The move to artificial intelligence

Machine Learning

The Academy of Health Management defines Five levels of AI maturity in healthcare:

Level 1 – AI Awareness

Level 2 – AI Experimentation

Level 3 – AI in Production

Level 4 – AI is used extensively and systematically

Level 5 – AI is transformative and has become part of the organization’s DNA.

When Academy members asked health care and technology workers where they thought their organizations were on the AI ​​maturity curve, most chose Level 2 – AI Experimentation.

Similar results were found in other industries.

It is also clear that whether AI is introduced into the enterprise through a dedicated data science department or through user functions, the primary responsibility for AI adoption rests with the CIO, as only IT has comprehensive enterprise-wide knowledge of data, applications, infrastructure, and how AI will impact them.

Since most organizations are still in the pilot phase of AI and aren’t quite sure what the ultimate outcome of AI will be, it’s up to CIOs to think about the challenges and opportunities of adopting AI when it becomes a reality in their organizations.

The best way to transition your enterprise to AI

Here are six items that should be included in your plan:

1. Assess your existing data and IT architecture.

AI works best when the data it operates on resides in a data repository, and the data in the repository is of high quality and interoperable with other data types. Achieving and maintaining high-quality, interoperable data takes time. This process starts with the use of ETL (extract, transform, load) tools that take data from various sources, on-premise and off-premise, cleanse and standardize the data, and make it interoperable with various data types in a single data repository for AI to consume.

This process impacts the IT infrastructure because it involves many systems that may not be well integrated with each other. Systems owned and operated by third parties outside the enterprise must be inspected for data compatibility and compliance with security and governance standards.

On the network side, bandwidth will need to be increased, network traffic and deployment patterns may need to be rethought, and on storage, more storage will definitely be needed, and data backup and recovery schemes for AI will need to be established.

Processing must be tuned for parallel stream processing, which differs from the linear processing used in everyday IT transactions.

That's a lot of information to unpack. It will impact how IT operates and require new data management, processing, and strategy skills that IT may not have.

2. Assess your skill level.

Most IT staff will need to upskill in AI.

Staff will need to learn new programming languages, technical IT support in data centers will need to master parallel processing environments, and network staff will need to provision additional bandwidth and faster throughput for AI, likely developing a dedicated network.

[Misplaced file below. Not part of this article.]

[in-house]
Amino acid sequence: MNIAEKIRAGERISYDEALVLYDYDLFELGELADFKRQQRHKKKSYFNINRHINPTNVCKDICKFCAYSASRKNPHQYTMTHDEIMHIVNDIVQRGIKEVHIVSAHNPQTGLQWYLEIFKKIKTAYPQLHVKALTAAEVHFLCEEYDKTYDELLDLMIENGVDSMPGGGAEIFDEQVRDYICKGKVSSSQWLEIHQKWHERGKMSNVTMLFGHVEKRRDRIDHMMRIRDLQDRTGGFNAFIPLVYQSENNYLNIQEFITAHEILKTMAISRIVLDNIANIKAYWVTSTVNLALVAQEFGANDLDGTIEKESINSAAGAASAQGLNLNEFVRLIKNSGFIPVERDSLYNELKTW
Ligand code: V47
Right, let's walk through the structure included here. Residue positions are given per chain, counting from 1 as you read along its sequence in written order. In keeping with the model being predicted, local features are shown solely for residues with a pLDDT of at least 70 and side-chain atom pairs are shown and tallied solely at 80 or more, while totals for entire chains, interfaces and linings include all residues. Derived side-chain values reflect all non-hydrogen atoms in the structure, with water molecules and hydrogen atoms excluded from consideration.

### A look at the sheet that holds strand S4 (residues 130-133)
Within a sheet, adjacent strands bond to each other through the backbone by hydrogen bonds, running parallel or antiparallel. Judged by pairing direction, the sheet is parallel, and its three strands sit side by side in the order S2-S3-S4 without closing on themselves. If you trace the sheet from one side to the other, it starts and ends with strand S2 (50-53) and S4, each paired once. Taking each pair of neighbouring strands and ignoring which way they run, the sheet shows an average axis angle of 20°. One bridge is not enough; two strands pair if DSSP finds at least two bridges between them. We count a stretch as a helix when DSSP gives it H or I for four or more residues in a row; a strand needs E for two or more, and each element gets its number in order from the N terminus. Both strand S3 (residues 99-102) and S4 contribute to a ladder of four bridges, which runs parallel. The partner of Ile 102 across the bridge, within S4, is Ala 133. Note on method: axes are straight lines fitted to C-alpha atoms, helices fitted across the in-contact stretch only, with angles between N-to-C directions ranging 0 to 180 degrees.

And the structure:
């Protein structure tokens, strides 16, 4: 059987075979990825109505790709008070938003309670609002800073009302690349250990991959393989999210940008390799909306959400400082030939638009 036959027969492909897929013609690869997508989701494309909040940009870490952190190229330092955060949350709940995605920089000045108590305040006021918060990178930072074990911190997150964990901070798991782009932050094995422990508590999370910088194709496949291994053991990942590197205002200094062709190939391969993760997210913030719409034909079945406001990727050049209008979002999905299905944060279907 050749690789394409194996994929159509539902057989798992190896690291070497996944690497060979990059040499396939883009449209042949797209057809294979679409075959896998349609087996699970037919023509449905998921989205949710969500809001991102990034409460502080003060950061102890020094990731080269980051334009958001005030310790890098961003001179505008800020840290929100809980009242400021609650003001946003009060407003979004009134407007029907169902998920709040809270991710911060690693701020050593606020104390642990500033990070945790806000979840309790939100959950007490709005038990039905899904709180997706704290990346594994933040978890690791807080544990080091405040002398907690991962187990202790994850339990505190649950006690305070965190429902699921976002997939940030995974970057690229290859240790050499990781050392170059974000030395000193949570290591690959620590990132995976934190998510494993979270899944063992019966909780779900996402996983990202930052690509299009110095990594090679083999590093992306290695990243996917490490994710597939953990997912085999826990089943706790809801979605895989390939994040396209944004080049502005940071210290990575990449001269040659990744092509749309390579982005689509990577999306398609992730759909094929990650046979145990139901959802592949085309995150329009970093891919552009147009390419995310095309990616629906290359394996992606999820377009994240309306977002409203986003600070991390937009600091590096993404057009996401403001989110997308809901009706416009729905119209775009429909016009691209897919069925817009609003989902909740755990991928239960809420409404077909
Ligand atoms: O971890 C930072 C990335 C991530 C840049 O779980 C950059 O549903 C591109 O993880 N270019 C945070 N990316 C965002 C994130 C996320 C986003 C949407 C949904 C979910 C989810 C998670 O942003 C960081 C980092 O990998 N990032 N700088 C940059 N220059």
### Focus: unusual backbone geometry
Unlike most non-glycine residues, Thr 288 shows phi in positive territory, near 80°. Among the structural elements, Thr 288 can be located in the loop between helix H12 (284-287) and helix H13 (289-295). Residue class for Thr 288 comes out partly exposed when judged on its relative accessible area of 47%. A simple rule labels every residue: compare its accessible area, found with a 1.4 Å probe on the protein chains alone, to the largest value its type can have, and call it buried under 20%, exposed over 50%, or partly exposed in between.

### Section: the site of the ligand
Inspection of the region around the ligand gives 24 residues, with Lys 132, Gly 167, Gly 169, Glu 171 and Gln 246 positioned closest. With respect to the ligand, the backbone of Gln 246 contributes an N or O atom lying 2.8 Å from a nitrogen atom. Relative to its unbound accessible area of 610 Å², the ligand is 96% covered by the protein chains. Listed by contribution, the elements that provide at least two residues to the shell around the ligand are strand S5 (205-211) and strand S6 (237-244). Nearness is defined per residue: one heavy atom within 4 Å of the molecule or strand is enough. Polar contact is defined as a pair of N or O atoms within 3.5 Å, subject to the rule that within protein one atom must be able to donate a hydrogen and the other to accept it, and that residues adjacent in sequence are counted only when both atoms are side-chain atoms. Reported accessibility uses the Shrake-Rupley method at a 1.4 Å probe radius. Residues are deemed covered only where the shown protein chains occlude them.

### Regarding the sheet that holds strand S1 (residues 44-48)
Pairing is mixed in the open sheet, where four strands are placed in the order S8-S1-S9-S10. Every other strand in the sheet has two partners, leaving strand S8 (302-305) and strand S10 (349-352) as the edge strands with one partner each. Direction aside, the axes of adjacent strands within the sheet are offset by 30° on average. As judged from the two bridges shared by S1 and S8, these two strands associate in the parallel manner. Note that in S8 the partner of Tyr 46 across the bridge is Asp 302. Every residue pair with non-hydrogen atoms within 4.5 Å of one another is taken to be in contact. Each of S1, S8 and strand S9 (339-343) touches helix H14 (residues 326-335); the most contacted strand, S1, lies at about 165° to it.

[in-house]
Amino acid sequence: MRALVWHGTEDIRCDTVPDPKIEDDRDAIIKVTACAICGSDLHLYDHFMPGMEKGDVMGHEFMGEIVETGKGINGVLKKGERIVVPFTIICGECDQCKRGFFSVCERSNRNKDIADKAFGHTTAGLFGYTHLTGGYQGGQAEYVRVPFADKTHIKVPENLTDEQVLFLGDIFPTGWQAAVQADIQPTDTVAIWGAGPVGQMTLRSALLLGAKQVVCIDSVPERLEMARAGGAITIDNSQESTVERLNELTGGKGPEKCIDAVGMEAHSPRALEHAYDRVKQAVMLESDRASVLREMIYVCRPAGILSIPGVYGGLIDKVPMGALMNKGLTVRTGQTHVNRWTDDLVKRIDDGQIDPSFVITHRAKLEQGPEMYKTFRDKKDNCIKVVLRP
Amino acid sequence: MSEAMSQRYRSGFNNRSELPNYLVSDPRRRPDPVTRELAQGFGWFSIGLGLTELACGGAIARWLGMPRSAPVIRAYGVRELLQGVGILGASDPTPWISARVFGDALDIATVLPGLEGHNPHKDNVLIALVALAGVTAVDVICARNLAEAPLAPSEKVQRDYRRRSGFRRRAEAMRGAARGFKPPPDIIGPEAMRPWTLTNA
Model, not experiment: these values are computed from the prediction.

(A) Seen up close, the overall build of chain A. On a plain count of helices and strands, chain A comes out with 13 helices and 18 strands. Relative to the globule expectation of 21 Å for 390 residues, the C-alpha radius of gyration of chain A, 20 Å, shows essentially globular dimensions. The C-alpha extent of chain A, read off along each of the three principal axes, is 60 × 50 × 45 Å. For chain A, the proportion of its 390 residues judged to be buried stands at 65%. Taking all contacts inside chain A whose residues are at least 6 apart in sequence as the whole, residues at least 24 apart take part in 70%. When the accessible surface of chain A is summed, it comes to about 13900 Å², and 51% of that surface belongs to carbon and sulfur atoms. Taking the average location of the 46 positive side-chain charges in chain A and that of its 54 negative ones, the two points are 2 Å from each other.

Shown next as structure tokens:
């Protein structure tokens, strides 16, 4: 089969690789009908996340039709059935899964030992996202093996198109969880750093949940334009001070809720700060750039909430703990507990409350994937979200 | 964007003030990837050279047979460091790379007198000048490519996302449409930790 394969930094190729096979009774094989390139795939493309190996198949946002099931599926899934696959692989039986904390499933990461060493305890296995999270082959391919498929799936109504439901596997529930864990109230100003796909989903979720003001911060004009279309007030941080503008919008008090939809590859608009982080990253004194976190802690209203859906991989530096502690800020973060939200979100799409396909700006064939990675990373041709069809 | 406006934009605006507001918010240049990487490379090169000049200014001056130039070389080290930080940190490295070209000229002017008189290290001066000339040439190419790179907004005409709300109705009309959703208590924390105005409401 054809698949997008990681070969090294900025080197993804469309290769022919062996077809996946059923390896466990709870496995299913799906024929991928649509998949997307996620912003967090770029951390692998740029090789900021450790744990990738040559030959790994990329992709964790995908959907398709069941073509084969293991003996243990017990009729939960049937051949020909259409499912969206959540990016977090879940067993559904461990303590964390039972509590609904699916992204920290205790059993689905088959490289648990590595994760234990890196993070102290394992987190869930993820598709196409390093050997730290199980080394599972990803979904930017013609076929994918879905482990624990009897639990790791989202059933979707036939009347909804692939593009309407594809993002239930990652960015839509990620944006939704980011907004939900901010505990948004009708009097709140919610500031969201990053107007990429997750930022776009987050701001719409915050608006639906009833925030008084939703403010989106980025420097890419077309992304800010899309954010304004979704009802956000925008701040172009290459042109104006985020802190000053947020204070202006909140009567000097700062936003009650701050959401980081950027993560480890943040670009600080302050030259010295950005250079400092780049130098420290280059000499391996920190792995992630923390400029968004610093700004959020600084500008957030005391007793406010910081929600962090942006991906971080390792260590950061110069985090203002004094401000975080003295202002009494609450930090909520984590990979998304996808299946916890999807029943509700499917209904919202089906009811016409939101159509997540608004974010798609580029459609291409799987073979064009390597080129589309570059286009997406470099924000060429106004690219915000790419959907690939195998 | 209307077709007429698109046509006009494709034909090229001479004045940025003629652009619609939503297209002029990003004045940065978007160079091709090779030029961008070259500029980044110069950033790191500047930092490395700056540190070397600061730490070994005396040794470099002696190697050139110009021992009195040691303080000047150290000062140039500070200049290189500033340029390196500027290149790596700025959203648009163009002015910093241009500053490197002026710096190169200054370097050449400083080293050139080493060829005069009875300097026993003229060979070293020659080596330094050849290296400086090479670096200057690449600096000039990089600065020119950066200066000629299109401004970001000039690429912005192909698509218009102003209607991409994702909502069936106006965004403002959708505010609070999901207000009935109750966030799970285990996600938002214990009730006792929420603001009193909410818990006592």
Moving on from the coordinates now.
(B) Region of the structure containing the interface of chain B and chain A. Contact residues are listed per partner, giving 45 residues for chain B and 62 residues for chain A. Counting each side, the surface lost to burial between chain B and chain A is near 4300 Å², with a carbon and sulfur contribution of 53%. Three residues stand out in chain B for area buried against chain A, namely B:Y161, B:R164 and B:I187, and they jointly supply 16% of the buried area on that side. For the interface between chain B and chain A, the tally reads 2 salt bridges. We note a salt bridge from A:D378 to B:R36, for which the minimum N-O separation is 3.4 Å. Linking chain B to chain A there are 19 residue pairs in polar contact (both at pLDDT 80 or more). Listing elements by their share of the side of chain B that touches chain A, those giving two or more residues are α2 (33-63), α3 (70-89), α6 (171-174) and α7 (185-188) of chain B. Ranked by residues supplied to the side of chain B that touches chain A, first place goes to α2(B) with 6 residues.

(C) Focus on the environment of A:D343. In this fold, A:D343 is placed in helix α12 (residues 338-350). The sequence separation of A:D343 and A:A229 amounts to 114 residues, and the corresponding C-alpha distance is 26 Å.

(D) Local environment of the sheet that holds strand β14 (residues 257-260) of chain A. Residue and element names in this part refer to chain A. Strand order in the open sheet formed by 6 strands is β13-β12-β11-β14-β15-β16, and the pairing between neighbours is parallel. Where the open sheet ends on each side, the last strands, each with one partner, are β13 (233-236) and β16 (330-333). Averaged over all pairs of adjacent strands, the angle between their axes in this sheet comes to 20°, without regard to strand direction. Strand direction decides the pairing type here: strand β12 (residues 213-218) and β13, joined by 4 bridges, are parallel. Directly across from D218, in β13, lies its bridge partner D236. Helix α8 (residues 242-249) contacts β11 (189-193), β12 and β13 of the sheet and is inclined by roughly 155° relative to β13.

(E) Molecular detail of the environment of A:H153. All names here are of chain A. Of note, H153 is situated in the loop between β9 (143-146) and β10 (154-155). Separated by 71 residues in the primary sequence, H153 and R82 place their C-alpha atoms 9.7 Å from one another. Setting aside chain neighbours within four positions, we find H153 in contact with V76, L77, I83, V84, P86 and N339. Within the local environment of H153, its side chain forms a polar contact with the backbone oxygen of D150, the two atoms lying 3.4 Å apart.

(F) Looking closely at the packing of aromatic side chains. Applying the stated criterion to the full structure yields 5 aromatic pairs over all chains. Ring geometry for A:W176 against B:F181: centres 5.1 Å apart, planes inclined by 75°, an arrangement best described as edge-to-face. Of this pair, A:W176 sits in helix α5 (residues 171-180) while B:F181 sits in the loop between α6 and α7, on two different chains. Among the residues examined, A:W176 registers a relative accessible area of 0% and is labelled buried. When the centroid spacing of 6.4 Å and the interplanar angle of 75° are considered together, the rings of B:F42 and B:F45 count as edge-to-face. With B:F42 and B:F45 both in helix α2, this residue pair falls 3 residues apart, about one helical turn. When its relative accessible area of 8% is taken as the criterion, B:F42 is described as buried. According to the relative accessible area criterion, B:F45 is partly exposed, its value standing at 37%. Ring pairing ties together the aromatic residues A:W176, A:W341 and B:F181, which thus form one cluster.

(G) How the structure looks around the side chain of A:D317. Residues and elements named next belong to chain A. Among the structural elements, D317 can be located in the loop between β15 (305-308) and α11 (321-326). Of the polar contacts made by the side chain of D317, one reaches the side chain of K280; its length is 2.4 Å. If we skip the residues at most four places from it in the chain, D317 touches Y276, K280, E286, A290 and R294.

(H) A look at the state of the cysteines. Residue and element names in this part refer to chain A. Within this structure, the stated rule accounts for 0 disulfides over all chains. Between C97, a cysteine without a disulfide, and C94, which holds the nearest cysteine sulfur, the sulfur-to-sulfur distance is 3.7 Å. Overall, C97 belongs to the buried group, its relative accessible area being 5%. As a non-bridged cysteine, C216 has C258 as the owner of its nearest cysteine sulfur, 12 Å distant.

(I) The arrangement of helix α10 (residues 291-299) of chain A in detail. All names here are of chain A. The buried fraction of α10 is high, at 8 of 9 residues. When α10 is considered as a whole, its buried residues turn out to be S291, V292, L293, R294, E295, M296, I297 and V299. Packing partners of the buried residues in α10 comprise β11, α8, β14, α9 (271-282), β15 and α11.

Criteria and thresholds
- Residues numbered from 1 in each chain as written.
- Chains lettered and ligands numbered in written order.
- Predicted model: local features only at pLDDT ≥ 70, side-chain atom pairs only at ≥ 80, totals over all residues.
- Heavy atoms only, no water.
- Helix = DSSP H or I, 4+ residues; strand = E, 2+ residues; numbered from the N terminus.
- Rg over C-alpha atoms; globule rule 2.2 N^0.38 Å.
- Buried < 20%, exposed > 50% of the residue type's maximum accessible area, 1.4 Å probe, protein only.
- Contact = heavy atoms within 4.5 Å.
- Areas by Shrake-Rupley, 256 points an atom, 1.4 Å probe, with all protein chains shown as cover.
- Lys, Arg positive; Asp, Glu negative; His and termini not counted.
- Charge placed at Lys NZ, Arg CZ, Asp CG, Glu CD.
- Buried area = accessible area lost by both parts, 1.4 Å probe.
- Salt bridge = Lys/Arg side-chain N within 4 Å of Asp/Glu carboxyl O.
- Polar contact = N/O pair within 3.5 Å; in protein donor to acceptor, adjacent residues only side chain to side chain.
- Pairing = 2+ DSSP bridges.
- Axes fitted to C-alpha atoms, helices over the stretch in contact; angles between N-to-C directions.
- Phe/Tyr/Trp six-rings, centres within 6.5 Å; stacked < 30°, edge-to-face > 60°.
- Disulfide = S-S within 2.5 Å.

Application and business analyst groups need to learn the mechanics of building AI applications, starting with defining algorithms, building machine learning learning models, and proceeding with iterative QA testing until the AI ​​results are within 95% accuracy of the expert conclusions. On the user side, experts need to be recruited to help develop the algorithms.

3. Set compliance and governance guidelines.

Companies, regulators and governments are only just beginning to respond AI Compliance and GovernanceSo it's up to companies to define their own guidelines.

As AI matures, incidents and use cases will arise that will dictate regulations, and those regulations will be developed. In the meantime, the goal for IT is to avoid being caught up in those incidents and use cases.

4. Evaluate user acceptance.

Employee resistance is a big cause of project failure, and employees will resist if they believe AI will take their jobs. The solution is to create a human roadmap so individuals know in advance where their jobs and responsibilities will evolve. If there is a possibility that jobs will be lost, it is best to let employees know about it in advance and help them find other jobs.

5. Assess the risks.

In the state government, Top priority Cybersecurity and risk management are top of mind for CIOs, but they're not alone.

AI poses a huge security risk because IT security solutions are designed for standard transactional IT, not big data.

A growing one AI Security Threats “The data collected for training deep learning has been intentionally compromised with malicious information, resulting in contaminated data.” The data is compromised and the results the AI ​​derives from it are intentionally false and misleading.

The second risk is that AI results will degrade over time. This occurs when business or other conditions change and the algorithms that query the data, or the data itself, cannot keep up with the rate of change. IT and end users need to develop a maintenance strategy for AI systems to continually monitor accuracy and alert them to declining accuracy levels so that IT and end users can make the necessary adjustments to restore accuracy.

6. Stop the experiment.

While most AI systems are still in the pilot stage, the time has come to pursue the right methodologies, technology adoption, and staff upskilling before AI moves into production.

AI is sure to make its way onto the production floor (and ultimately into the DNA of your company), so it's not too early to start rethinking and redeploying your IT operations, methods, and skill sets in preparation.

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